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Air quality: tell us what you think

Earlier this year, Ealing Council launched an Air Quality Action Plan to tackle pollution across the borough and asked local people to get involved in shaping it. Now you are being given a final say in how it is taken forward in the future.

The survey runs until 30 January and asks everyone living, working and travelling in the borough for their views on how to make the council’s strategy even stronger. You can go online to complete the questions, which should only take a few minutes.

The council has made it a top priority to improve air quality and fight the choking pollution in the capital that is adding to the climate crisis, and to health problems for residents.

Councillor Deirdre Costigan, the council’s cabinet member for climate action explained: “Tragically, 165 people in Ealing died prematurely last year due to air pollution, which means cutting harmful emissions and tackling dirty air is one of the council’s very highest priorities.

“We have been taking the strongest possible action through our Air Quality Action Plan, which is now well underway – but we cannot do it alone, and the action we take as a council has to work for residents.

“We consulted you earlier this year and we used what you said to develop our new Air Quality Strategy. Now we’re putting the strategy out for one last check by you, to make sure our plans truly work for local people.

“Your voice can make a difference in shaping our work to avoid deaths from harmful emissions in the future.”

Action on air quality 

School streets: The council’s School Streets programme is making it easier and safer for children to travel to and from school by bike, scooter or on foot. By the new year, almost 8,000 pupils at 17 schools will benefit from the schemes. More should be ready by next spring and there could be a total of 50 by 2026.

Air quality in schools: £240,000 has been secured to install air quality monitoring devices in schools, which use live data to keep an eye on harmful pollution and educational to highlight how positive actions such as walking, cycling and scooting on the school run can result in cleaner air.

Anti-idling: The council is continuing to back the London-wide campaign Engines Off for Every Stop. The campaign is touring schools in the borough to spread the message about how switching off car engines when making even a small stop around the school gates can make a difference to local air quality.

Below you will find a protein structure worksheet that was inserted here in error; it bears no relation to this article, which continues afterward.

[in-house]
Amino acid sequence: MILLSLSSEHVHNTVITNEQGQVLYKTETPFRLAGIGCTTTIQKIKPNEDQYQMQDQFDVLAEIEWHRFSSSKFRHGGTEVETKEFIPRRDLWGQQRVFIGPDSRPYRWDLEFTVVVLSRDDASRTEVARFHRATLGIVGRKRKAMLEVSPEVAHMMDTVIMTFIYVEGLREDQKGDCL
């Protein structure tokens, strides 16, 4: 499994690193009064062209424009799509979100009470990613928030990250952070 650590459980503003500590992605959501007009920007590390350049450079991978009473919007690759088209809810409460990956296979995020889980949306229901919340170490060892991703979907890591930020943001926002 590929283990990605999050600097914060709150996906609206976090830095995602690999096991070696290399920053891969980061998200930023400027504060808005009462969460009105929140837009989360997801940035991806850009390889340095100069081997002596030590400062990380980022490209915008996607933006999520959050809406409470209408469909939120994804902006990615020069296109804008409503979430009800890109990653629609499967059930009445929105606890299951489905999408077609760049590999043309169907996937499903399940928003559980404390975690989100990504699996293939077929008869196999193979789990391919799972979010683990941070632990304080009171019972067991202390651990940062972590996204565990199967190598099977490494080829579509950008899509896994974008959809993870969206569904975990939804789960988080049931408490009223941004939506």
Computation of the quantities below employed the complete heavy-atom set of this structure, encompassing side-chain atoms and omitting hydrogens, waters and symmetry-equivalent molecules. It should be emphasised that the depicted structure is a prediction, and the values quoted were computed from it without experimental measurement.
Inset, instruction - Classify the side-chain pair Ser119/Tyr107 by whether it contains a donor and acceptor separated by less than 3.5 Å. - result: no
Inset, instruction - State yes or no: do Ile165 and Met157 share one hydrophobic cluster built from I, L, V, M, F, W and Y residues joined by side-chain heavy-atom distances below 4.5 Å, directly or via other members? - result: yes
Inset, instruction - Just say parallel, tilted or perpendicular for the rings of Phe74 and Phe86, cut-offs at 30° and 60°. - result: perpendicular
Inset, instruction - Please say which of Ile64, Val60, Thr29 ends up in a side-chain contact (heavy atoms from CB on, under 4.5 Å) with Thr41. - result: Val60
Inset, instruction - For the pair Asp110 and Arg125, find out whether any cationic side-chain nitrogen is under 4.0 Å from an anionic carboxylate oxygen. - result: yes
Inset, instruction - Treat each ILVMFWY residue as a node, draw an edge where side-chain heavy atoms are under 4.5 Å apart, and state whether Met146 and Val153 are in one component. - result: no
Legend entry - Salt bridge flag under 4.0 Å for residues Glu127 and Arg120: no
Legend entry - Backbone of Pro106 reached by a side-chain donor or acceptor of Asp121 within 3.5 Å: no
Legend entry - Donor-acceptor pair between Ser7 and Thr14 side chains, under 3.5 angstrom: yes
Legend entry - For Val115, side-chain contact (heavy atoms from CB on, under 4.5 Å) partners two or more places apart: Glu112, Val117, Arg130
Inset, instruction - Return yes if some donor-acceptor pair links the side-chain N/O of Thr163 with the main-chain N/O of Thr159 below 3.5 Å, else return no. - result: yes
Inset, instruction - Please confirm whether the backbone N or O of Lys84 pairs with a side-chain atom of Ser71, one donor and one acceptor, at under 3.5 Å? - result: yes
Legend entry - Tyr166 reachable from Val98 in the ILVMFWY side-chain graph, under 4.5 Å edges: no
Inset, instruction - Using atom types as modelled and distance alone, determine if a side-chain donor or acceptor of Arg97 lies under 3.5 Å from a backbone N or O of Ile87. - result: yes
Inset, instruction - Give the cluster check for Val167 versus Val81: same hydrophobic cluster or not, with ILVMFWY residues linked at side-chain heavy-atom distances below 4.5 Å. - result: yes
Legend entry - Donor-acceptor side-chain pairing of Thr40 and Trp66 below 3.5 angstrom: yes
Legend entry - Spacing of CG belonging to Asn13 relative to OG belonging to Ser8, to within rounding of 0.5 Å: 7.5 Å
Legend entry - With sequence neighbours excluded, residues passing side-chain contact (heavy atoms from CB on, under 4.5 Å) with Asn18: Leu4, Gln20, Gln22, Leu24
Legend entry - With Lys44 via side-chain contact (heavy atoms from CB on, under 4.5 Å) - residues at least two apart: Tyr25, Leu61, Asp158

Bike hangars: A huge expansion of bike hangars for secure, easy and cheap cycle storage is taking place across the borough. The council is committing £1million into slashing waiting lists for access to the hangars and will deliver at least 150 by 2026. Costs to store a bike have been cut from £6 to just 70p per month – the cheapest rates in London – and it means storing your bike costs just a fraction of a car parking permit.

Electric vehicles: There are now more than 300 electric vehicle charging points in the borough, with a third of these delivered in the last year alone. There are also plans for up to another 400 over the next twelve months.

20mph speed zone: Since last spring, roads operated by the council across the whole borough have had a 20mph speed limit, following successful trials over the last few years. The limit aims to improve safety for all road users and encourage residents to choose greener modes of travel like cycling and walking.

‘We want to achieve even more’

Councillor Costigan continued: “We have already achieved a great deal in a short amount of time.

“67 air quality monitoring devices have been installed across Ealing. New cycle lanes have been delivered in Greenford and for the next phase of the Uxbridge Road cycle lane, and 17 School Streets are being supported, and four more could be on the way in the new year.

“We have rolled out 130 more electric vehicle charge points since May alone, helping to support people making the switch to an electric car, and we are pushing the government to give us more power to put controls on high polluting industries that are affecting the borough.

“We want to go much further in the future and achieve even more. But we know we need to take local people with us every step of the way.”

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